once you have successfully built the biz, it may sound romantic to say that you could do a lot of things because you didn't have money, but the truth is having money, if not all of it, atleast some of it, particularly in the early stages, either during product development stage or going-to-get-your-first-customer stage, ensures two things, one that you don't abandon the thought of becoming an entrepreneur and two that you do direct constructive energy on task at hand.
a good incubator should provide pre-seed/seed capital. unfortunately no incubator does this and even in international conferences, i have heard engineering professors from ivy league schools lament that they are not able to encourage entrepreneurship because the institution does not have funding. what use is an incubator without seed funding ?
in the incubators that i have set up at PES School of Engineering and New Horizon College of Engineering, the respective managements have committed a fund ear-marked for this purpose. This is a good way to start. going forward, the fund can be made into a sizeable one by leveraging alumni networks, international agencies that are interested in a foot print in india for encouraging entrepreneurship, international agencies specifically interested in the clean-tech space, funds that are set up only to encourage enterprises which have high and deep impact across the fabric of indian society, government grants, etc.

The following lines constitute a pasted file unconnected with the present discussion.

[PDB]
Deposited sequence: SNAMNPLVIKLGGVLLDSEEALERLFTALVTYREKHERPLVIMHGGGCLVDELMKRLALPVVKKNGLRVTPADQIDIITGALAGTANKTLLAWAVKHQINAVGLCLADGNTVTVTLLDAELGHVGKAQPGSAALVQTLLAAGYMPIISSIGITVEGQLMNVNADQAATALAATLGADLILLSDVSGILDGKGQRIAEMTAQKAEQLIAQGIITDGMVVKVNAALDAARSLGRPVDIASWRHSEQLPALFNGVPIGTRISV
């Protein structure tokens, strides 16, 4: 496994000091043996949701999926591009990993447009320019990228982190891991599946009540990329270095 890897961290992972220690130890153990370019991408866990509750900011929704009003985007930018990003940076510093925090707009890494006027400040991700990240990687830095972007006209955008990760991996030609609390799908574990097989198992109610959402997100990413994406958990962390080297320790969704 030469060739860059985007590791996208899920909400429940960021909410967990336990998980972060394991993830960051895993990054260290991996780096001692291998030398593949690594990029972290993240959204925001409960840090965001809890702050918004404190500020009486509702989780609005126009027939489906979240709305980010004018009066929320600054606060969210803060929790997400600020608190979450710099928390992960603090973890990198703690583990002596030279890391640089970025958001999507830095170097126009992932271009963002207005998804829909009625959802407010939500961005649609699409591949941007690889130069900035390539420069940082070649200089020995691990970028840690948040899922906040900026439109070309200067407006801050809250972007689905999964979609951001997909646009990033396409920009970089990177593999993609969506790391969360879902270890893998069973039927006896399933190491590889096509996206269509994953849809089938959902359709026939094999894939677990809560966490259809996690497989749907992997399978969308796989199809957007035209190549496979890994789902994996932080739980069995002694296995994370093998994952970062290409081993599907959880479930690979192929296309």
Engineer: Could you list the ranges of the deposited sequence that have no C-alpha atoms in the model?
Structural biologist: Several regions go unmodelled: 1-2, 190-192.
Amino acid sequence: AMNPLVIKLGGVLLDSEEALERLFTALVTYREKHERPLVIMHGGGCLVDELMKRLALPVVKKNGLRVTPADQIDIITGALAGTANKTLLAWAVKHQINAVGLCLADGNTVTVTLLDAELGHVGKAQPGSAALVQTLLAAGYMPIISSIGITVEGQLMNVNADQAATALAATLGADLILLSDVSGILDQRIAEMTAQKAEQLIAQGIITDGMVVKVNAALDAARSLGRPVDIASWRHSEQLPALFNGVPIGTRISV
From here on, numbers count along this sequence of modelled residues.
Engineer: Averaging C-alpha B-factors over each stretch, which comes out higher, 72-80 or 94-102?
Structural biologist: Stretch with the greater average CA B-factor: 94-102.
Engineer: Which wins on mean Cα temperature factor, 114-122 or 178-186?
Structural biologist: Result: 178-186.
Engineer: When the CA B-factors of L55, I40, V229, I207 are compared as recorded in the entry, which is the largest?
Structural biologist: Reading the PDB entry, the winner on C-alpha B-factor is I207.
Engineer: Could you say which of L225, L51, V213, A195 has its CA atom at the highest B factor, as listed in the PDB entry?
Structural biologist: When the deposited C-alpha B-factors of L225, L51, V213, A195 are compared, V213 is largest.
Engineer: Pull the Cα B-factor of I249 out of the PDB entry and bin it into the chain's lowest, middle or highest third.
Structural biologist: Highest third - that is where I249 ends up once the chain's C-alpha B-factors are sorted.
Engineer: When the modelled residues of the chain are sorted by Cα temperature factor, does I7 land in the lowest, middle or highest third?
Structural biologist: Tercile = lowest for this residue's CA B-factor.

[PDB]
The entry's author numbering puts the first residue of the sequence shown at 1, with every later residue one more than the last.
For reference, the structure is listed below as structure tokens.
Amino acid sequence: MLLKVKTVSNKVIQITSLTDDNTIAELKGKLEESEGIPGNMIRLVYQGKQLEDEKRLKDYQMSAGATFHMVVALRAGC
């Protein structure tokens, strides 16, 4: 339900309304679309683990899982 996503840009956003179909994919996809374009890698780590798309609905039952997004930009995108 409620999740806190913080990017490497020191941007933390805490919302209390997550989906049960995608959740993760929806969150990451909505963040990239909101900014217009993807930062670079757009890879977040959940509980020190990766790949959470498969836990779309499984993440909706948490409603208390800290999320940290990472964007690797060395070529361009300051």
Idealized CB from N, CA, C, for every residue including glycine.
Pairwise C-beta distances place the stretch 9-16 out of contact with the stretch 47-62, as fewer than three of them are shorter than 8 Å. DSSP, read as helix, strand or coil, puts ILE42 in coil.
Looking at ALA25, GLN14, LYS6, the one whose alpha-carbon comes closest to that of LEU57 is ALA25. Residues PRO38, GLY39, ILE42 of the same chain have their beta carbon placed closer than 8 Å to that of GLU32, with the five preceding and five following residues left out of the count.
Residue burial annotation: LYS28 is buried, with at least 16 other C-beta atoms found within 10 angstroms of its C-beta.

Nandini is a traveling teacher who teaches entrepreneurship in several ivy-league business schools around the world including Princeton, LSE and NUS overseas and in India in IIM–A, IIM–B, IIM–L and ISB. From being just a word in the dictionary six years ago, it has now consumed her whole being.
In July 2010, she founded CARMa (Creating Access to Resources & Markets), (www.carmaconnect.in) with a lofty ambition: to change the karma of entrepreneurs in India.
She writes a regular monthly column for the magazine, Entrepreneur. It delights her no end that it is from smaller towns that aspiring and practicing entrepreneurs reach out to her after reading it.
She is a TED speaker.
Her best-selling book Entrepedia – a Step-by-Step Guide to Becoming an Entrepreneur in India, has touched the lives of many a start-up entrepreneur in India as evidenced by the no.of mails she receives every month. She cherishes them all but her favourite is from a 77-year old retired business man, who wrote to her saying ‘I’m angry with you that you didn’t write this book 40 years ago when I started my business.